Joint StuGov, city council meeting focuses on city initiatives and pedestrian safety


Mayor John Haila and senators listen during the joint Ames City Council and Student Government meeting Wednesday.

Alex Connor

Pedestrian safety, infrastructure and student involvement dominated the discussion between Student Government and the Ames City Council during the joint working meeting held at the Memorial Union Wednesday evening.

The joint meeting, which is typically held on an annual basis, serves as an opportunity for the two governmental bodies to have an open conversation about the issues facing Ames specifically pertaining to students.

“We really want this to be a discussion meeting,” Speaker Zoey Shipley said. “It’s an opportunity for our representative bodies to come together and talk about issues we see around the city.”

Kicking off the discussion, Sen. Isaiah Baker asked the council how the two organizations can better partner in student safety, specifically on Lincoln Way.

“How can we keep pedestrian and bikers safe in general?” Baker said.

Councilwoman Gloria Betcher touted an ongoing citywide initiative dubbed Bike Walk Drive Smart that works to raise awareness about pedestrian safety.

Betcher encouraged the newly-created task force on pedestrian safety through Student Government to look into partnering with their current work as a way to not repeat work but also amplify what is already going on.

Other questions regarding pedestrian safety included rumors of a possible bridge to go over Lincoln Way as a way to curb illegal crossing, as well as why students tend to walk and text at the same time.

Betcher said a bridge is unlikely as studies show that even with a bridge students are just as likely to cross at alternative points. She said she’d rather see money spent on education when addressing the issue.

Mayor John Haila also touched on the Ames Lincoln Way Corridor Plan, which was created to address “land use, development, traffic and mobility, urban design” and infrastructure along the corridor.

Another large part of the conversation included ways to increase student engagement with the city, in addition to Student Government.

Haila encouraged students to apply to a board or commission, saying: “One thing that I am extremely passionate about is getting students involved with the city… Just be proactive.”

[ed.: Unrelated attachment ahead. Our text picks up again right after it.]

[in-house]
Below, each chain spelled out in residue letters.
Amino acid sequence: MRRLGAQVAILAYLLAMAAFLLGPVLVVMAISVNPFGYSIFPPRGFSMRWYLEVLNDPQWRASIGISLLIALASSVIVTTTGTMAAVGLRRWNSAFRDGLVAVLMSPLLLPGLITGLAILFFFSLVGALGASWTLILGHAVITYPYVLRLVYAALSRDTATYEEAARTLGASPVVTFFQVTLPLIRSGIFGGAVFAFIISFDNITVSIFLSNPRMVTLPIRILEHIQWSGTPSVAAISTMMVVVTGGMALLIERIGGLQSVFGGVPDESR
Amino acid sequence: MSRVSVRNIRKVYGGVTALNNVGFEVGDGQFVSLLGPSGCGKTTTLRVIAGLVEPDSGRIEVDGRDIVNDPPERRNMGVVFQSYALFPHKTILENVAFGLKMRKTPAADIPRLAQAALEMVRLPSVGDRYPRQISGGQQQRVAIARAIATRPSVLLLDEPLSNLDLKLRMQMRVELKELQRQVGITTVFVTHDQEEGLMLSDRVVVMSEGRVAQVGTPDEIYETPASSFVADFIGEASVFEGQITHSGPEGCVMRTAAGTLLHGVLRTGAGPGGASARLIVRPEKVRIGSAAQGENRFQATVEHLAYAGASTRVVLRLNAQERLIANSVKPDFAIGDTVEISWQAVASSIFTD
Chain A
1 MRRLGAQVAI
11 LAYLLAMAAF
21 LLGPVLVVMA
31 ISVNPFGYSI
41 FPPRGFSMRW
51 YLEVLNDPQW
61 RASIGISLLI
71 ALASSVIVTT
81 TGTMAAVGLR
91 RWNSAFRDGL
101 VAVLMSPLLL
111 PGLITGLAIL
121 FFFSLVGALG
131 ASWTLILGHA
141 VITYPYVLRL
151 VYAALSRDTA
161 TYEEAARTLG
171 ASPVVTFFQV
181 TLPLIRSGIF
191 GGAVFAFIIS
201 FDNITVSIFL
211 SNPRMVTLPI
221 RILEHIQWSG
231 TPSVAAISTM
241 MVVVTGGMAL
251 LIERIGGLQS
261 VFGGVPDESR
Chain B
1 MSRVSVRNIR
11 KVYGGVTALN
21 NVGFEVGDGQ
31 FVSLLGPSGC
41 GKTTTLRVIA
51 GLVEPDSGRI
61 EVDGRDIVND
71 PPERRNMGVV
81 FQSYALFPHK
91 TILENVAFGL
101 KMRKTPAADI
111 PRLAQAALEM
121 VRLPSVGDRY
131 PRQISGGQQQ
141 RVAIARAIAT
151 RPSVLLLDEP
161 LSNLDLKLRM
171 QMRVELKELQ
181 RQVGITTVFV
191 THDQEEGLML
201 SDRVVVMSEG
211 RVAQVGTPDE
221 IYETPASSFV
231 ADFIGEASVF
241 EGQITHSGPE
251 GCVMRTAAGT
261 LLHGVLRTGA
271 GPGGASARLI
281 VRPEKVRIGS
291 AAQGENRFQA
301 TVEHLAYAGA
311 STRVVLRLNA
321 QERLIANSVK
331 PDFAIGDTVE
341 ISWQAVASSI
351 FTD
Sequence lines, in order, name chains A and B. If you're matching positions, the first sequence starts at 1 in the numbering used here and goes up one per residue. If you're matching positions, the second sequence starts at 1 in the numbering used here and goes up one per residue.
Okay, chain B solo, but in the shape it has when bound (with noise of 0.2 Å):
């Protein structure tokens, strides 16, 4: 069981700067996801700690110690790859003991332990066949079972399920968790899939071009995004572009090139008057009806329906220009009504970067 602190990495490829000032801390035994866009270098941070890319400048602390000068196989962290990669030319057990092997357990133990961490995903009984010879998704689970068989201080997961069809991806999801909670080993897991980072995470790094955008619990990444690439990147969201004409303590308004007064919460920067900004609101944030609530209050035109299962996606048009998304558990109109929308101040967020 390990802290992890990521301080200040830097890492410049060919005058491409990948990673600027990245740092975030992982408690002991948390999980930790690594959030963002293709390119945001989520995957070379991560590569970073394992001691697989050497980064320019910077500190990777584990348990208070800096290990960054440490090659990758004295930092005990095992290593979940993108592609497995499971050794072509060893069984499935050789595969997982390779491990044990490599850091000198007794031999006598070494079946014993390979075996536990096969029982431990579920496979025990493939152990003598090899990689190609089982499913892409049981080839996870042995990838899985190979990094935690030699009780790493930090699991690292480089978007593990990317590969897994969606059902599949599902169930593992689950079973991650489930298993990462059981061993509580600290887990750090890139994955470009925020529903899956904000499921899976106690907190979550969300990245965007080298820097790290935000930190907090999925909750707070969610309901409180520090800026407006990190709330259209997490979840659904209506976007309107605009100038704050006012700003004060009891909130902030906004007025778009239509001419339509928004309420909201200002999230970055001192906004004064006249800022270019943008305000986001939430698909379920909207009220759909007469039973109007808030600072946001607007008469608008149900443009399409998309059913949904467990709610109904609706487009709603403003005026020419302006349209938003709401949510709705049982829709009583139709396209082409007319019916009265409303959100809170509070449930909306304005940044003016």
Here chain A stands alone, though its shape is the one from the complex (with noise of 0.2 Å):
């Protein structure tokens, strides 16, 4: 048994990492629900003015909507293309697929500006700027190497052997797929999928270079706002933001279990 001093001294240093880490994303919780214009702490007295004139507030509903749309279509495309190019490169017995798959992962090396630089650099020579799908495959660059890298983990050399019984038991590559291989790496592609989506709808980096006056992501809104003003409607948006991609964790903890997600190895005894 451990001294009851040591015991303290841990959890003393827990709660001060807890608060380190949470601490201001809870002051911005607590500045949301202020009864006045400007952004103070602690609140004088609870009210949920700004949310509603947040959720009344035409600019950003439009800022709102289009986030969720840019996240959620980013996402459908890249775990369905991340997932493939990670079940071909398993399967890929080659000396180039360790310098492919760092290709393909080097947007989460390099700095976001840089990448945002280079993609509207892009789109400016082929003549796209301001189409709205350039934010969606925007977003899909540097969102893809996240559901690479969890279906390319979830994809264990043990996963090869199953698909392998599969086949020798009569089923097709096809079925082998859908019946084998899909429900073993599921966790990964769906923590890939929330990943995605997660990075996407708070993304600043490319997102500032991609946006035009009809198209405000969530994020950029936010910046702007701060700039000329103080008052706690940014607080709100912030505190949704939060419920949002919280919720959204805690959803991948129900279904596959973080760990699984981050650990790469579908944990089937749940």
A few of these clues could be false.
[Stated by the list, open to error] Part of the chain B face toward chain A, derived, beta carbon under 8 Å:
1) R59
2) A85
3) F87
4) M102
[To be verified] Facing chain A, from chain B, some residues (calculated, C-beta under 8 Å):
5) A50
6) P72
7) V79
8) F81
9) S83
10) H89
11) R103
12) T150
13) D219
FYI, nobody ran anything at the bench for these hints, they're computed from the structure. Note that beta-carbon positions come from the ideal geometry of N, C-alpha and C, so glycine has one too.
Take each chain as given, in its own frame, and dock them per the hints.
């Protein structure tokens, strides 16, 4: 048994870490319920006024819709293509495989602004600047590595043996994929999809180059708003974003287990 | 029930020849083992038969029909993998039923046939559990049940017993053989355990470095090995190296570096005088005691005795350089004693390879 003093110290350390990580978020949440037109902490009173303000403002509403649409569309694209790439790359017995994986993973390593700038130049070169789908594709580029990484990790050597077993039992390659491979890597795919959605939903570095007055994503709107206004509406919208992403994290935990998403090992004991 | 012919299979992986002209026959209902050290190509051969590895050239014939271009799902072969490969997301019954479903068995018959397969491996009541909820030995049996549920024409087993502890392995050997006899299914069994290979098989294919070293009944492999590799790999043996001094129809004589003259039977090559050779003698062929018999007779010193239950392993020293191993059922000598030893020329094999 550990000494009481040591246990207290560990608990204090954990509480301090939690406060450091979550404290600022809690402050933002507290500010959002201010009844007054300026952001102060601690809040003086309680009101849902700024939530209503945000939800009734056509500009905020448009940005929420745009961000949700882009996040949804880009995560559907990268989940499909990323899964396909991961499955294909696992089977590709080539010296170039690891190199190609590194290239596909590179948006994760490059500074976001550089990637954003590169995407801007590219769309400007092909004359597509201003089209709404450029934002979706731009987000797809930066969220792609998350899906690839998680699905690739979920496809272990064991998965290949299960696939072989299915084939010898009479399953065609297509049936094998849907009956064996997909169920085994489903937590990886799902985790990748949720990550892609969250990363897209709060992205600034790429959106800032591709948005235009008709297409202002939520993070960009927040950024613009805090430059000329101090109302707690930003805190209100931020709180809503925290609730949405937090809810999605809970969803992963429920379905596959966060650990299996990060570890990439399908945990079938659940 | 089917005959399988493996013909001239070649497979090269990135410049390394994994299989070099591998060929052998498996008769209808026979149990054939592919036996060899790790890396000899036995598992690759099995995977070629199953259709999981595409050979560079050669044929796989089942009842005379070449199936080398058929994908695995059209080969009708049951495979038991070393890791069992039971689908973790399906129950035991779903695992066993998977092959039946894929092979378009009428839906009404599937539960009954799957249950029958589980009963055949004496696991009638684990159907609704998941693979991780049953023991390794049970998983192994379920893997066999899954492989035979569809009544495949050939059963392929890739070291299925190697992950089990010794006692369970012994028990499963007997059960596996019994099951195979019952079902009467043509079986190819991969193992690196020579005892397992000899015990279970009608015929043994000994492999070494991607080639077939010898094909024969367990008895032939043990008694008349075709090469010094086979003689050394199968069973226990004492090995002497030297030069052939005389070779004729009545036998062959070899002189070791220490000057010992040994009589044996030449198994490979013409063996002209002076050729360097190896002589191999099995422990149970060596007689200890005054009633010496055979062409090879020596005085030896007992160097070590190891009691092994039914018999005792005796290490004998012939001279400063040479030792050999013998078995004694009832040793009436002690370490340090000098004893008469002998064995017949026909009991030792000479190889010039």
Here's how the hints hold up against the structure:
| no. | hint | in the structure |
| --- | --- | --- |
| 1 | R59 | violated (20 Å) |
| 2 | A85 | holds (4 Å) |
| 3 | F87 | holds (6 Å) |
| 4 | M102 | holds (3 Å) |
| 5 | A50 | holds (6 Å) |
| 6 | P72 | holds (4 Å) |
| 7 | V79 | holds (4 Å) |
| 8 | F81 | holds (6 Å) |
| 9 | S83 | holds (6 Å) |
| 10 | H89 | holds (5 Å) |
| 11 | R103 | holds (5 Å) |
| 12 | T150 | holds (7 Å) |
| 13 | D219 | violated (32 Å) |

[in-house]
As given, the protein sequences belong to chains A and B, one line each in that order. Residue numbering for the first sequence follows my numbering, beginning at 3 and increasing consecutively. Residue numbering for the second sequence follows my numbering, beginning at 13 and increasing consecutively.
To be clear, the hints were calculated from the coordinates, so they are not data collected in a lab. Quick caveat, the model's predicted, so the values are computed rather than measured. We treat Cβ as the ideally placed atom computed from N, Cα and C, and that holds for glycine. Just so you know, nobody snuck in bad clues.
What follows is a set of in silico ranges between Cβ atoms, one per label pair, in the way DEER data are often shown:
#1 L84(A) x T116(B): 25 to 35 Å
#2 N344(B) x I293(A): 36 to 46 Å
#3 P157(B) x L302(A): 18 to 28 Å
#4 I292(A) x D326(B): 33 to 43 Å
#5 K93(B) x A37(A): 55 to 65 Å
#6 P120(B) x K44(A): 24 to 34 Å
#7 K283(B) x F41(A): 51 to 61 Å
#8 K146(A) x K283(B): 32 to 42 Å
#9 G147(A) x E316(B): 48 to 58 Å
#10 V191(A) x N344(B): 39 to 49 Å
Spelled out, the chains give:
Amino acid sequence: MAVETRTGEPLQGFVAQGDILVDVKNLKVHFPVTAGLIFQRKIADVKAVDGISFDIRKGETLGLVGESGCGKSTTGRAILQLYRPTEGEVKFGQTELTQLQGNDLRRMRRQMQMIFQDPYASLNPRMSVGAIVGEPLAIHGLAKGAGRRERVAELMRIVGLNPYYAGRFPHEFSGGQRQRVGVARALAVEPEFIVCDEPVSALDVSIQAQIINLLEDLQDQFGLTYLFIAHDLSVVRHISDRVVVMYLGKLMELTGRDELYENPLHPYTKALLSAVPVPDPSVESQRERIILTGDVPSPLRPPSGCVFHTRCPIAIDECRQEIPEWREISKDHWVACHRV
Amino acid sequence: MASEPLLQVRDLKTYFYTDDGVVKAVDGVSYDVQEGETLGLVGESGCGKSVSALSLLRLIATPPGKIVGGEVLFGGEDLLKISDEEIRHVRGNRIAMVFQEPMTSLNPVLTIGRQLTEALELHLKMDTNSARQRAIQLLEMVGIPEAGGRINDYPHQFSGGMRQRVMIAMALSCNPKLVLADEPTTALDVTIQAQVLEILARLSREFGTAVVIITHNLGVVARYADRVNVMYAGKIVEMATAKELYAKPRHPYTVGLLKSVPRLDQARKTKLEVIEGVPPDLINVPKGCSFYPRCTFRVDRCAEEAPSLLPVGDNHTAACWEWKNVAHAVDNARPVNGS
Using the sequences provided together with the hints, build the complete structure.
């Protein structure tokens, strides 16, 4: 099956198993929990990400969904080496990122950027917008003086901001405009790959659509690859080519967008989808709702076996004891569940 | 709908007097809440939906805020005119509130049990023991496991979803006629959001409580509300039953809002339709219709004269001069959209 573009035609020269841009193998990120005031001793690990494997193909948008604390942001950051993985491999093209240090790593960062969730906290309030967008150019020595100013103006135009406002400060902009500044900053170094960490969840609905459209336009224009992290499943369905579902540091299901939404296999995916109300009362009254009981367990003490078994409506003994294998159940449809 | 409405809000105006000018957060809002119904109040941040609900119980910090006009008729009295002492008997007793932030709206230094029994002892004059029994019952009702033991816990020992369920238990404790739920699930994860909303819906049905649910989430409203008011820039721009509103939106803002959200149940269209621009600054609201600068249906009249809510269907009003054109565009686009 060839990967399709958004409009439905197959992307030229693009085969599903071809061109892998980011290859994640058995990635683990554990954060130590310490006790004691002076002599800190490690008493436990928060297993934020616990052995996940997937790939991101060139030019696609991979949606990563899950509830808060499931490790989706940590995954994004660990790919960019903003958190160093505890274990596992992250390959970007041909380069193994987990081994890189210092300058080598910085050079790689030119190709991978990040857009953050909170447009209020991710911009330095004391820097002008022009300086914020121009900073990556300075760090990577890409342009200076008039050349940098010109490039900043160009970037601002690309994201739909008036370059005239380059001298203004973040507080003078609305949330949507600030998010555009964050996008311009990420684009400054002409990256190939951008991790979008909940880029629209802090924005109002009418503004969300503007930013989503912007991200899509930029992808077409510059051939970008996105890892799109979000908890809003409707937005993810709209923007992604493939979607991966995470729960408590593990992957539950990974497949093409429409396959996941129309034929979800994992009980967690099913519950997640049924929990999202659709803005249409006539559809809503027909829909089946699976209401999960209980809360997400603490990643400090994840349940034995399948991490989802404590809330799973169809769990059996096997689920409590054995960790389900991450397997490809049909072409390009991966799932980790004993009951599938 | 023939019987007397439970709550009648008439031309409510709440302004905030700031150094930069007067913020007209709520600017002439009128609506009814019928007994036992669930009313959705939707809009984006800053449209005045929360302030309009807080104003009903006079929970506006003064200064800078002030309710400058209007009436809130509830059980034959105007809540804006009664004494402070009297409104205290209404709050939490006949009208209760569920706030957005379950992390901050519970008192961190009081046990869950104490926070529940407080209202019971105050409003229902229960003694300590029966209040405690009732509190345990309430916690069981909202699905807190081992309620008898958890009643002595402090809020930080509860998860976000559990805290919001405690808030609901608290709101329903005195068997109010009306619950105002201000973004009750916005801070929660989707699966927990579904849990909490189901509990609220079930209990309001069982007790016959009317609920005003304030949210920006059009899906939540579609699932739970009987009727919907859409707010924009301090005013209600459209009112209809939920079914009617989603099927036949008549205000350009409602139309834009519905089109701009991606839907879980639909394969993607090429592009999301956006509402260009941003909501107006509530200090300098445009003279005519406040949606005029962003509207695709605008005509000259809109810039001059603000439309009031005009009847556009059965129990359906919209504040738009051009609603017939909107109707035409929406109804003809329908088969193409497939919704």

Sen. Chelsea Eret suggested the mayor promote the positions with outreach targeted at students through current resources such as the Student Job Board under volunteer experience.

Additionally, Vice Speaker Cody Woodruff discussed the recent ad hoc committee that was created last semester to encourage voting in Ames and at a local level and the possible partnerships that could exist between the committee and the council in the future.

In response, Betcher touched on the also newly-formed Campus and Community Commission which is designed so that all three entities in Ames [students, permanent residents and the university] can work together.

She suggested the possibility of the committee channeling its ideas through the commission and later the council.

Councilman Chris Nelson said at any level he encourages involvement.

“We get surprisingly little communication and you guys are the majority of our community,” he said.

For the latter part of the joint session, the Senate and council moved through a variety of topics including recent initiatives by council members such as the Capital Improvement Plan and the city park system.

Council member Tim Gartin said he was surprised rental housing was not part of the discussion, and feels it is a step in the right direction that it was not brought up.

Off that, however, and in closing, Haila invited Student Government to attend a February workshop on a recently-approved, and highly divisive, rental occupancy ordinance.

We want to get issues identified and work through them through a succinct, cordial conversation, he said.